Why bother changing our words?  At almost 19 million views, The Power of Words video shows how significant this can be. When it begins, we see a blind man sitting on the pavement in front of an historic European building.  An empty tin can is next to him and a cardboard sign. It reads, “I’m blind, please help.” Few do this. People walk by, oblivious, talking and laughing.

In the distance, we see a young woman approaching. She is dressed in black, wears lizard green heels, dark glasses and carries a brief case. Suddenly, she stops in front of the blind man. Stooping down, she pulls out a pen, grabs his sign and writes something on the opposite side.  She puts it back. No words are exchanged. The blind man touches her shoes as if they were Braille.

Now strangers fling coins into the blind man’s tin can like hailstones from heaven. Ka-ching, ka-ching. As he empties the coins into his hand, the mysterious woman returns. The blind man rubs her shoes. “What d’ye do to my sign?” he asks. “I wrote the same”, she replies “but in different words.” Now we see the new sign: “It’s a beautiful day and I can’t see it.” The screen fades to blue as these words appear: “Change Your Words. Change your World.”

How did the new words make a difference? They transformed the connection between the beggar and the passers-by. “I’m blind, please help.” paints the blind man as a victim. It makes us uncomfortable, even guilty that I can see and he cannot. This creates distance.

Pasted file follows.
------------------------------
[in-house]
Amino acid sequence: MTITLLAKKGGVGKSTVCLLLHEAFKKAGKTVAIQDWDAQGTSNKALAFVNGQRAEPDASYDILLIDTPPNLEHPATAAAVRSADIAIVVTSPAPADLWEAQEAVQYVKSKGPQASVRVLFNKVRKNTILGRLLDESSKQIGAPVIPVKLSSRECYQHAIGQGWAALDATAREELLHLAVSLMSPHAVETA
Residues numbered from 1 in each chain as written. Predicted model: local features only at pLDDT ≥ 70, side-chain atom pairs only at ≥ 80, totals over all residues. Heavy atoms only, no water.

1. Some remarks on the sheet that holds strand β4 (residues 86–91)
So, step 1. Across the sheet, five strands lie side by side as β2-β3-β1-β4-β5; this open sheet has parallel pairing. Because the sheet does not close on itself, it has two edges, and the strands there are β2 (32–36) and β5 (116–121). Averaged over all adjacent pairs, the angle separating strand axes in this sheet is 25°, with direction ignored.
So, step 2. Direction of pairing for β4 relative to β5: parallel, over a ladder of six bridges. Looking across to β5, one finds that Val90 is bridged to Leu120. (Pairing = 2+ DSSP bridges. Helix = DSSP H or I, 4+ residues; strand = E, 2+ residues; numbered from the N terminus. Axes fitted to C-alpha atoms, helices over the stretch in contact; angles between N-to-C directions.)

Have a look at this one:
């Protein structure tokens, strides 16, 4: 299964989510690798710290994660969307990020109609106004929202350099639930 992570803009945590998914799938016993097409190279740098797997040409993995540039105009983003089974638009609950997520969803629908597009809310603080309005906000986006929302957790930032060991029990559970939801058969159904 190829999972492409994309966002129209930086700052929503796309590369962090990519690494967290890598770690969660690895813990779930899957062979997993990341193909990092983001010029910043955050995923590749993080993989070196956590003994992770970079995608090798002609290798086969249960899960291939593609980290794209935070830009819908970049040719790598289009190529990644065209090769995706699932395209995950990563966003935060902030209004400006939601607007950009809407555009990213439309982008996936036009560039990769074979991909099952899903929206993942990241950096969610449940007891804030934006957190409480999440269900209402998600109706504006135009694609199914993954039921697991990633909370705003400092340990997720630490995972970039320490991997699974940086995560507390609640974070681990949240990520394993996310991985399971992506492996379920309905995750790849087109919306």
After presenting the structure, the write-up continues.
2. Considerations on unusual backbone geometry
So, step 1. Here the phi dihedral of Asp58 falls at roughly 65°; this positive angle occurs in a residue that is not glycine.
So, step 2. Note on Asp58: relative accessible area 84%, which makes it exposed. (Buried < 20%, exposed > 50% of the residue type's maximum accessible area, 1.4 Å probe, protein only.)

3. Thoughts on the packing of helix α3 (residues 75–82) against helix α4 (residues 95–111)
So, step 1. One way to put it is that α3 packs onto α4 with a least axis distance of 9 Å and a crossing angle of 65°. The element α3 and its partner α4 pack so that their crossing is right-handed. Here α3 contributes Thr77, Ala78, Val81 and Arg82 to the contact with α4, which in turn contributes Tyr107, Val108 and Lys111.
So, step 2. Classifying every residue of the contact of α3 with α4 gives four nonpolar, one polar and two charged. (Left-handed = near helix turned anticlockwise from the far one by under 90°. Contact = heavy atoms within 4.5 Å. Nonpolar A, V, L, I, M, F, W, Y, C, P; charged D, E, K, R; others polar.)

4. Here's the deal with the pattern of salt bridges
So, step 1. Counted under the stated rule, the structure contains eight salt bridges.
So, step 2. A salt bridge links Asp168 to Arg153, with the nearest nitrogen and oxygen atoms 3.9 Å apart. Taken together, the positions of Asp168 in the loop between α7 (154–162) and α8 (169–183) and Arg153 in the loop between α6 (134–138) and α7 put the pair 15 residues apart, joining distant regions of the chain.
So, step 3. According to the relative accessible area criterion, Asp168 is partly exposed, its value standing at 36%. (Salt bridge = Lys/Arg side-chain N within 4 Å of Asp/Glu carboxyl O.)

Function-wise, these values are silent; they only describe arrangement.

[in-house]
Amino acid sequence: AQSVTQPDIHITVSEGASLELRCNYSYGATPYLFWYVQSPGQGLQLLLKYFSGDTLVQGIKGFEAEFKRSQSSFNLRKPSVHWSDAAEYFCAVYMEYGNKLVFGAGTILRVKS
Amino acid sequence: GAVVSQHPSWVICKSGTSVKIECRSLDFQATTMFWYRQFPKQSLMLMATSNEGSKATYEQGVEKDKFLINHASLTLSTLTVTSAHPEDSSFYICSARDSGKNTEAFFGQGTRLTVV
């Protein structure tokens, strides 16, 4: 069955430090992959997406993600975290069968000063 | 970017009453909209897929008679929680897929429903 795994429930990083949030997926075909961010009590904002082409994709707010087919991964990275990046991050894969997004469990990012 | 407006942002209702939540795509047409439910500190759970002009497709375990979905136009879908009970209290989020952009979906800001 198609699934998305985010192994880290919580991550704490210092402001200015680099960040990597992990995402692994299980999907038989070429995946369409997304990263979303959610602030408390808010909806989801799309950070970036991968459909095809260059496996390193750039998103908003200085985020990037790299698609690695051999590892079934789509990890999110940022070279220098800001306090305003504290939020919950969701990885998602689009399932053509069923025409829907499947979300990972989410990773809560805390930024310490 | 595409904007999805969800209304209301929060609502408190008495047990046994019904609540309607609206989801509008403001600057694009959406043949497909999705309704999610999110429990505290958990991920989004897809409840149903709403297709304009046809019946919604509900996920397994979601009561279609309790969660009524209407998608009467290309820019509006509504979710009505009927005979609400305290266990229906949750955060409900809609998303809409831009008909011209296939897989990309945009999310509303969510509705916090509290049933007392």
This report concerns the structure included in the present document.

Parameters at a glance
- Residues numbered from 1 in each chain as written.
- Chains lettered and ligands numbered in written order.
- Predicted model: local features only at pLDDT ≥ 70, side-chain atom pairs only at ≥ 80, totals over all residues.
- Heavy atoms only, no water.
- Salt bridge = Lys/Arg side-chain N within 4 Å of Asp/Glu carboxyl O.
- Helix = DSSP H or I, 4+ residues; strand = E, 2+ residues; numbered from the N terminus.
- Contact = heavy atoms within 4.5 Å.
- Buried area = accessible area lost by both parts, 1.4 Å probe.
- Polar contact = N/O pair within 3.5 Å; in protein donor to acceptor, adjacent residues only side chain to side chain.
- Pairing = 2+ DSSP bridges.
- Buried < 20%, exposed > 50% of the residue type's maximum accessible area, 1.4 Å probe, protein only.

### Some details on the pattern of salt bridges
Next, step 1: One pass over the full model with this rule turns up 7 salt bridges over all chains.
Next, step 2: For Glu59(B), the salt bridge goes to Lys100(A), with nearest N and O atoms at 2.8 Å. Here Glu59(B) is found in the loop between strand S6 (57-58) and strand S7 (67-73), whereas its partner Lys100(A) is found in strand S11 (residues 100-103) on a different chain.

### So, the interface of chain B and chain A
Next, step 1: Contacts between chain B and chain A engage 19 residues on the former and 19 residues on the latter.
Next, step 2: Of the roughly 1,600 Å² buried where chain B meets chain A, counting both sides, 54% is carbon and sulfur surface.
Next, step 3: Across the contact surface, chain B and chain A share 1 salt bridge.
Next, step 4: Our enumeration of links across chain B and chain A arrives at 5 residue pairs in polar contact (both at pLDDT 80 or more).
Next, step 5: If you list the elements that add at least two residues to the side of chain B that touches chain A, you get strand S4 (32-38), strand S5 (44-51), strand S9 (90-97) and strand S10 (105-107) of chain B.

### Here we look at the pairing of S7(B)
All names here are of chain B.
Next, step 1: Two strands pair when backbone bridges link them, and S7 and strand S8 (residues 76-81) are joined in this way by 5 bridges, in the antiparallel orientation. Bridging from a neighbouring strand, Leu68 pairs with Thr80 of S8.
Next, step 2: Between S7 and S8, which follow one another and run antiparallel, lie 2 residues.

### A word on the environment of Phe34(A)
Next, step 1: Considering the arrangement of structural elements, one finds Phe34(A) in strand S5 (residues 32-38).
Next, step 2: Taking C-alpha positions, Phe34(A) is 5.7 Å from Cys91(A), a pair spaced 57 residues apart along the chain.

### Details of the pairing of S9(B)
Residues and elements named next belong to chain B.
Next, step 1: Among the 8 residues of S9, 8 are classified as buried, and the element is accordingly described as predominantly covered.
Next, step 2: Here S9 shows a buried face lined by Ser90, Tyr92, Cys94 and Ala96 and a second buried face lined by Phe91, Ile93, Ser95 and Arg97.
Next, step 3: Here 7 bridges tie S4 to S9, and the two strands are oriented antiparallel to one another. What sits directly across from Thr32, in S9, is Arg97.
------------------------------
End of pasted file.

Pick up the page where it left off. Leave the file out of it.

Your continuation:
The new sign resets this relationship. Now the blind man has a gift to offer. He reminds us it is a beautiful day, a fact that the strangers in the video seem not to have noticed. His sign implies, you can see and I can’t, but I can still experience this beautiful day and share it with you. No longer, a victim, the blind man is a giver. Can it be this easy to find words that restore our connections and move us to action?

On George Washington’s birthday, help to restore a soldier’s heart by changing your words. It is your gift to give.

Recently, I met a man who waits tables in a neighborhood restaurant. He comes from a family of veterans. When I told him how the labels describing veterans’ post-war experience have changed over time, he listened politely. I asked, “Did you know what PTSD was called during the Civil War?” He did not. But he gasped when I told him. His face softened as if he just had seen the sun on a cloudy day. The words “soldier’s heart” pierced his own.

Removing the stigma of PTSD will show our veterans we want them to heal physically, psychologically and spiritually. Finding words that build empathy will lead to political connectedness, not political correctness. They will reinforce our common humanity. They will transform lives. Change our words. Change our world.

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Laura Rittenhouse

Laura Rittenhouse

Laura Rittenhouse is Founder, CEO and President of Rittenhouse Rankings, Inc. She works with CEOs and CFOs to create Accountability Cultures that sharpen execution, grow trust and achieve financial leadership.